Deep Velvet - George Shearing with Quintet and Woodwind Choir (Capitol, 1964): Shearing had always had great success with his romantic mood music, often telegraphed by the presence of “velvet” or “satin” in the titles. This outing, which comes nearly a full decade after Velvet Carpet, finds Shearing’s quintet surrounded by a woodwind choir arranged by the pianist and orchestrated by Bobby Hammack, Julian Lee and Milt(on) Raskin. It’s all pleasant and enjoyable, but not nearly as catatonic as some of the pianist’s orchestral strings records like Concerto For My Love had become. The winds add some welcome muscle – except during some brief and inexplicably hammy passages that flutter with cliché – that make this set a refreshing change of pace for anyone who might have started getting bored with this particular type of format. The program highlights some lovely standards, including “Here’s That Rainy Day” (which Shearing’s trio would record again in 1977 for MPS), “Sentimental Journey,” “Willow Weep for Me,” “Slowly,” “Spring Is Here” (which Shearing’s Quintet recorded once before in 1953 for MGM) and “My Heart Stood Still” (which Shearing would later record with Joe Williams). There is also an unusually high degree of lesser-known numbers, including “Passing By,” “Would You Like To Take A Walk,” Irving Berlin’s “I Used To Be Color Blind,” Leonard Feather’s “Signing Off,” orchestrators Milton Raskin and Julian Lee’s “One Love” and Benny Carter’s “Nightfall.” While the record seems somewhat out of touch with the record-buying public of the day, it does not dissuade the loveliness of the approach or the undeniable joy the pianist has in delivering it. Highlights include “Sentimental Journey” “Would You Like To Take A Walk,” “Willow Weep For Me” and “My Heart Stood Still.” Deep Velvet was issued on CD by EMI Europe as part of a two-fer with Old Gold and Ivory, but the CD is unfortunately out of print.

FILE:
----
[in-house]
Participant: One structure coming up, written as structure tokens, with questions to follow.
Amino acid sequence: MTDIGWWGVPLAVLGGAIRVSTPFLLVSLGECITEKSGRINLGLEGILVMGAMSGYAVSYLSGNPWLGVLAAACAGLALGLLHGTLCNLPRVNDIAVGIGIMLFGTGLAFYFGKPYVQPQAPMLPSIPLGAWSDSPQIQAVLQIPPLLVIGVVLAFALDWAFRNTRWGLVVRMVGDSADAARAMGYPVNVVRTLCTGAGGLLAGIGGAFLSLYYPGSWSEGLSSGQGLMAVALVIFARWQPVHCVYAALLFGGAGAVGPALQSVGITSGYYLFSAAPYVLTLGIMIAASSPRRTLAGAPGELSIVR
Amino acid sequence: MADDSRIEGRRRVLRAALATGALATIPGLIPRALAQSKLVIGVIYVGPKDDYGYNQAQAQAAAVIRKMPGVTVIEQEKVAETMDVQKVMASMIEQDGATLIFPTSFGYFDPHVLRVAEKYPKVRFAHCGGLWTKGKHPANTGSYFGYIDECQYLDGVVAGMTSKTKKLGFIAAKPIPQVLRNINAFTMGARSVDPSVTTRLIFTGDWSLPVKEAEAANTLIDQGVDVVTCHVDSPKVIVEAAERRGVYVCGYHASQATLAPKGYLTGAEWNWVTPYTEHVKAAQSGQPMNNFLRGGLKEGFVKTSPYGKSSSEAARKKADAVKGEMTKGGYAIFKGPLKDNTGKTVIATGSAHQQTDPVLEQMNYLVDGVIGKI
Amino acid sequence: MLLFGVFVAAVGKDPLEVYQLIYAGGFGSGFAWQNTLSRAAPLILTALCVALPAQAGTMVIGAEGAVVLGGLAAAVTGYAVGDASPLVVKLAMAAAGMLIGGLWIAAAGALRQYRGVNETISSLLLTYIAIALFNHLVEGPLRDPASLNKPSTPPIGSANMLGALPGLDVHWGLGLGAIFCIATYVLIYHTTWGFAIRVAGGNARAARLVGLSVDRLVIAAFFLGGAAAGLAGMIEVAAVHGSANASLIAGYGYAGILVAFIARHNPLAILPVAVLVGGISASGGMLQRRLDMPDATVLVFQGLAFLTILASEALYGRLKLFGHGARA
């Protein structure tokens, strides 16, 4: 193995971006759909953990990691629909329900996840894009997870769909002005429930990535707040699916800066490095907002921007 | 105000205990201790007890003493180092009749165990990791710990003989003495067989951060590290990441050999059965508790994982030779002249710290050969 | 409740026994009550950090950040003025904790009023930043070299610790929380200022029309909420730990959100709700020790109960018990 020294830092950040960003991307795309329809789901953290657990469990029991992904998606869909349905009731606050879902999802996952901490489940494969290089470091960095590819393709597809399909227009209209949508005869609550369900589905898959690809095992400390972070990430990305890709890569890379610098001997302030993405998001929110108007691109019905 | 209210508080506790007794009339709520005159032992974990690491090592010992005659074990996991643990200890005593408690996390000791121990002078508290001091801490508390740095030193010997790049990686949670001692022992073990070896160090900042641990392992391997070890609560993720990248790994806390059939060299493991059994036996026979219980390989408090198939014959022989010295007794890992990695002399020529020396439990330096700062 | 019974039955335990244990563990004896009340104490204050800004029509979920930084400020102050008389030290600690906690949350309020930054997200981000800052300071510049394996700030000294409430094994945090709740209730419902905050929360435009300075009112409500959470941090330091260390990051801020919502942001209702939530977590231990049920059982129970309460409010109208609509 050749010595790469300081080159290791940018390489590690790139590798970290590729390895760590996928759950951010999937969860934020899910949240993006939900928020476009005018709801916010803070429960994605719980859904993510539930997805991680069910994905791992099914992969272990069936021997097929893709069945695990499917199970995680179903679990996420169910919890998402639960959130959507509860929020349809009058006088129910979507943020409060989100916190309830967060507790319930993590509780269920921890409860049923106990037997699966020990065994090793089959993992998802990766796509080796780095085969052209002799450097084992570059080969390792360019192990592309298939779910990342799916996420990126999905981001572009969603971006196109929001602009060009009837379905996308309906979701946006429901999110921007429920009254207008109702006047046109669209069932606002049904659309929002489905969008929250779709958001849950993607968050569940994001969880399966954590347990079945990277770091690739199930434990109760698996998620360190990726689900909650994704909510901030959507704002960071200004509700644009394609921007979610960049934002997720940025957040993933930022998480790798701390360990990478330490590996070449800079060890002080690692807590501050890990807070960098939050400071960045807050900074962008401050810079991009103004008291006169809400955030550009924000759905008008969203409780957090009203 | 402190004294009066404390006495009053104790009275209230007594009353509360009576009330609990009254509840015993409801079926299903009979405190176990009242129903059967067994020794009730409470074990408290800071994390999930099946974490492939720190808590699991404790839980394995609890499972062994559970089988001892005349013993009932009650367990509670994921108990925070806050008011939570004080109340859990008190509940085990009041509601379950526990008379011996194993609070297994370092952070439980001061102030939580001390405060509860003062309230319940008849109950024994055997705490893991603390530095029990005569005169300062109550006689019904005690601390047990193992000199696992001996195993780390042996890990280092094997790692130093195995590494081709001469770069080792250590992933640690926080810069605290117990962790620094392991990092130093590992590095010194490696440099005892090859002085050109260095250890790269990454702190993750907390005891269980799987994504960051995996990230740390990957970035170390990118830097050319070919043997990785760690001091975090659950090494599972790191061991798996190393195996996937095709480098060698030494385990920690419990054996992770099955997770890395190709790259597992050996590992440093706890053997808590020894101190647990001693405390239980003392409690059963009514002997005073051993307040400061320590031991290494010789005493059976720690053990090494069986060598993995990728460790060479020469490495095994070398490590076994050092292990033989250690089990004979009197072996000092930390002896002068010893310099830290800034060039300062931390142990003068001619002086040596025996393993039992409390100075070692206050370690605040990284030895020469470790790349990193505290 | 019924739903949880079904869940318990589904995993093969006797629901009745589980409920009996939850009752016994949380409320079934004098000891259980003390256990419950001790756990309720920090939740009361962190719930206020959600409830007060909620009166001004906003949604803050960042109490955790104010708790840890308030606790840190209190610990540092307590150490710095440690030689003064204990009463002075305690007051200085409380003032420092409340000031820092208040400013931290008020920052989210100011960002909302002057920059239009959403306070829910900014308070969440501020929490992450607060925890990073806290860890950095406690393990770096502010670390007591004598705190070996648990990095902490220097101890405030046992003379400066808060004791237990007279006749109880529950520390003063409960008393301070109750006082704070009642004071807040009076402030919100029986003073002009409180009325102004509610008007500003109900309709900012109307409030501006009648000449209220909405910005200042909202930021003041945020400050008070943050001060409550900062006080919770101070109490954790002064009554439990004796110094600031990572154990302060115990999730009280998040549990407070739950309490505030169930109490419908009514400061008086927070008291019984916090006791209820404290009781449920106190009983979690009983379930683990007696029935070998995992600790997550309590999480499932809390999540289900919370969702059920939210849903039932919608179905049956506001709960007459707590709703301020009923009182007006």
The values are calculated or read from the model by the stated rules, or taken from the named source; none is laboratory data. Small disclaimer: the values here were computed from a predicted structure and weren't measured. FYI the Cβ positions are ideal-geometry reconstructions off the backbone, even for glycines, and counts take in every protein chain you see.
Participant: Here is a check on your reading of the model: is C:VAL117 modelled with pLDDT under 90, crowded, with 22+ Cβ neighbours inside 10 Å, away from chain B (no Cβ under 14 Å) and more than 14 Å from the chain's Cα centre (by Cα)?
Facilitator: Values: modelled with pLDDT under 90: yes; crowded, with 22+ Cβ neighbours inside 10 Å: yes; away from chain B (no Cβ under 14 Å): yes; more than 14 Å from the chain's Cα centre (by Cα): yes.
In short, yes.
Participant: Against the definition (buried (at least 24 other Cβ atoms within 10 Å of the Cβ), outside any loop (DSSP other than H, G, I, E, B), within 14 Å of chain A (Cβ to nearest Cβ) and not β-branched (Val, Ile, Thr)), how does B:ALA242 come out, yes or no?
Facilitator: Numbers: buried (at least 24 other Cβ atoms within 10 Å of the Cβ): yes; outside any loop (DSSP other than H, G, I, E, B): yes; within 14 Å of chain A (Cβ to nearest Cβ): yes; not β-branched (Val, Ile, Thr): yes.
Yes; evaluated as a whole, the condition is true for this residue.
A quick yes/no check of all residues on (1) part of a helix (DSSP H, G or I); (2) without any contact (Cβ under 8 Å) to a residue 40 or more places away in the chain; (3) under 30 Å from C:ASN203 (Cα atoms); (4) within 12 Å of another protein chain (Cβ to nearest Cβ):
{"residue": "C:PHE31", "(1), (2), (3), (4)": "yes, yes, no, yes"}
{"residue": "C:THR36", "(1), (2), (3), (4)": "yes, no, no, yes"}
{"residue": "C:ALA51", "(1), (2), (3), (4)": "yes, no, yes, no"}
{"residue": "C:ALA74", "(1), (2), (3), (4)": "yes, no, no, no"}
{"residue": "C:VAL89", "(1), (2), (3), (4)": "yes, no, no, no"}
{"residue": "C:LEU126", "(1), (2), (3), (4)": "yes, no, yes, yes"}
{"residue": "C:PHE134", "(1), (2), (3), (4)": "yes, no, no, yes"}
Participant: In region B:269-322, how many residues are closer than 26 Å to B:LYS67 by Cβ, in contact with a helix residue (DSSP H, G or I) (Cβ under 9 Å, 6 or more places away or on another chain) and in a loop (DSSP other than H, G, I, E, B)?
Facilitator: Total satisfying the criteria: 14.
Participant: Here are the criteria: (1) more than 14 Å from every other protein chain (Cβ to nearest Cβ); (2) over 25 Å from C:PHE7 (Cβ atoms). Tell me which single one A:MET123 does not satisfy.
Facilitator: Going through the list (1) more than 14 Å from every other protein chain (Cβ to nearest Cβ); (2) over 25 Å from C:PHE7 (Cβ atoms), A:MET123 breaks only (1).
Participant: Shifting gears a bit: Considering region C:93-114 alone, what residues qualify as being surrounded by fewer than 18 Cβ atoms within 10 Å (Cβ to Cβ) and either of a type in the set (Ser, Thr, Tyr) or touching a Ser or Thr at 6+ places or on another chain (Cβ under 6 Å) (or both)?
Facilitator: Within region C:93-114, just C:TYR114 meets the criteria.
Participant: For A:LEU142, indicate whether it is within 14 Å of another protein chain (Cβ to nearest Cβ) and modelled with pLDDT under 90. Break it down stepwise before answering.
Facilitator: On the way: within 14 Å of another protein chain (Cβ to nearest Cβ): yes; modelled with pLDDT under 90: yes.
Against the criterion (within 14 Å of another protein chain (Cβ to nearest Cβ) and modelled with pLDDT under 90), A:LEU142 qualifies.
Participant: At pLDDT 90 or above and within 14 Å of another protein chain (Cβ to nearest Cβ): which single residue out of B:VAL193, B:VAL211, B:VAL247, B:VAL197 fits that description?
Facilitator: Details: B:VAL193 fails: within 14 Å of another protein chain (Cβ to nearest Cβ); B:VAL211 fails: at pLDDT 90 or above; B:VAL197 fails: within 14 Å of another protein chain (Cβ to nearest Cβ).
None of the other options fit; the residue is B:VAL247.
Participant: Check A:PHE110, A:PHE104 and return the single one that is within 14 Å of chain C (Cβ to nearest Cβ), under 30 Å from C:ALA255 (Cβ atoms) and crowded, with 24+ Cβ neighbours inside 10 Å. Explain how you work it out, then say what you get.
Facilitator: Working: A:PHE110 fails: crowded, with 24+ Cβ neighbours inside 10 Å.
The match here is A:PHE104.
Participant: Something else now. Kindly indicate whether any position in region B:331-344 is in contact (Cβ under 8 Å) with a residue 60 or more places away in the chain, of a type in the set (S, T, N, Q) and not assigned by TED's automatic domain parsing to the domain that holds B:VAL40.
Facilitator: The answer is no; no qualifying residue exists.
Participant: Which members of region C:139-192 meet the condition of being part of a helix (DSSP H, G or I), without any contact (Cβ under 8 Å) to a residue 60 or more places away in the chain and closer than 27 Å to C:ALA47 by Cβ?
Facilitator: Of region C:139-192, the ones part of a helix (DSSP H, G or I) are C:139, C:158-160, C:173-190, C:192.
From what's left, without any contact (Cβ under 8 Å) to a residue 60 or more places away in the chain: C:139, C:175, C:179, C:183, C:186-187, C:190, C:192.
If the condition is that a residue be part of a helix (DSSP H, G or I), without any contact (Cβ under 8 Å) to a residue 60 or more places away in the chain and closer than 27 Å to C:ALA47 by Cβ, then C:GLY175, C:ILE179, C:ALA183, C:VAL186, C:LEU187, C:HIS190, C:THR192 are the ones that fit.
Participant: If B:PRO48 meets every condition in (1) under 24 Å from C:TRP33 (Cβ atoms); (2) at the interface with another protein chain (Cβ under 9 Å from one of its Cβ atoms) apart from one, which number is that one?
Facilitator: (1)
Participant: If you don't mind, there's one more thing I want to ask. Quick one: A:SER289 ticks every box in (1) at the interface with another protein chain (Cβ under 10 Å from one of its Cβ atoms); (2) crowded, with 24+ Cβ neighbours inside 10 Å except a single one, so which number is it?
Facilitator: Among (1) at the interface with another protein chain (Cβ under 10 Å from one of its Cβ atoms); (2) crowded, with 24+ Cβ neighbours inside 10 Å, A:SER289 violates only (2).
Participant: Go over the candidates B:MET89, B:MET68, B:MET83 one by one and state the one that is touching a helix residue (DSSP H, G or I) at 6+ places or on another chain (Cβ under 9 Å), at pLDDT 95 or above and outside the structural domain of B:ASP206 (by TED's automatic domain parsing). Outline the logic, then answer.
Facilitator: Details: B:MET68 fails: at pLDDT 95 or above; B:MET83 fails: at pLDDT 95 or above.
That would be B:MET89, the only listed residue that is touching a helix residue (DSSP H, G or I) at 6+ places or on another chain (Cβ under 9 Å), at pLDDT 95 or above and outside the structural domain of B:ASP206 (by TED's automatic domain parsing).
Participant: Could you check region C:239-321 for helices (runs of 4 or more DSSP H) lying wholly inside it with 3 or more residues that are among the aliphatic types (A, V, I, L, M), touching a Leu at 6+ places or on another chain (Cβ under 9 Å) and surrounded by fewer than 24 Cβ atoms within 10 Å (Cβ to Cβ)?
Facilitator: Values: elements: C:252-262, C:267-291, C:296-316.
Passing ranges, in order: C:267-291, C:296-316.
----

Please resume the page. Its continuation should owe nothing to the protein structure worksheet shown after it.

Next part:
Latin Rendezvous - The George Shearing Quintet (Capitol, 1961-65 – issued 1965): This is the first of the Shearing Quintet’s Latin-themed albums since Mood Latino (1961) and, significantly and sadly, the last. It is little more than a collection of previously unissued Latinates that Shearing’s quintet waxed over four years: “Barandanga,” “Mambo at the Blackhawk,” “Just Goofin’” and “Tie Me Donkey” date from the April 1961 Mood Latino sessions. “Mambo Serenade,” “All Through The Night,” which Shearing concludes with a Chopin prelude, “Yours Is My Heart Alone” and “I Wished on The Moon” date from a Quintet performance featuring Gary Burton (probably) recorded the night before the February 1963 Jazz Concert album. And “More,” “I Left My Heart In San Francisco,” “With Feeling” and “Quiet Nights (Corcovado)” date from a March 1965 session that produced two tracks for That Fresh Feeling!. But it all sounds remarkably cohesive and is surely a welcome respite from the many orchestral recordings Shearing had been obliged to do at the time. Latin percussionist Armando Peraza contributes four originals to the program including “Barandanga” (which he’d recorded with Mongo Santamaria in 1960 on Our Man in Havana), “Mambo Serenade,” “Tie Me Donkey” and “Mambo at the Blackhawk” – all terrifically enchanting and, not surprisingly, the album’s most festive highlights. Unfortunately, just about all of the tunes featured here, none of which of even gets to three minutes of playing time, are far too short and don’t allow for some of the energy and verve the performances generate to materialize properly. This surely won’t satisfy many jazz listeners. But it will satify fans of the Shearing Quintet that like to hear the band in this context. For my tastes, Latin Rendezvous is a joy. Even though it was probably rush released to capitalize on the brief Latin spell that swept through jazz in 1965, a trend led by the popularity of Cal Tjader, whose band was then being driven by Armando Peraza. While Latin Rendezvous has never appeared on CD, the live material featured here (which doesn’t sound live) is surprisingly not included on the Mosaic box set either.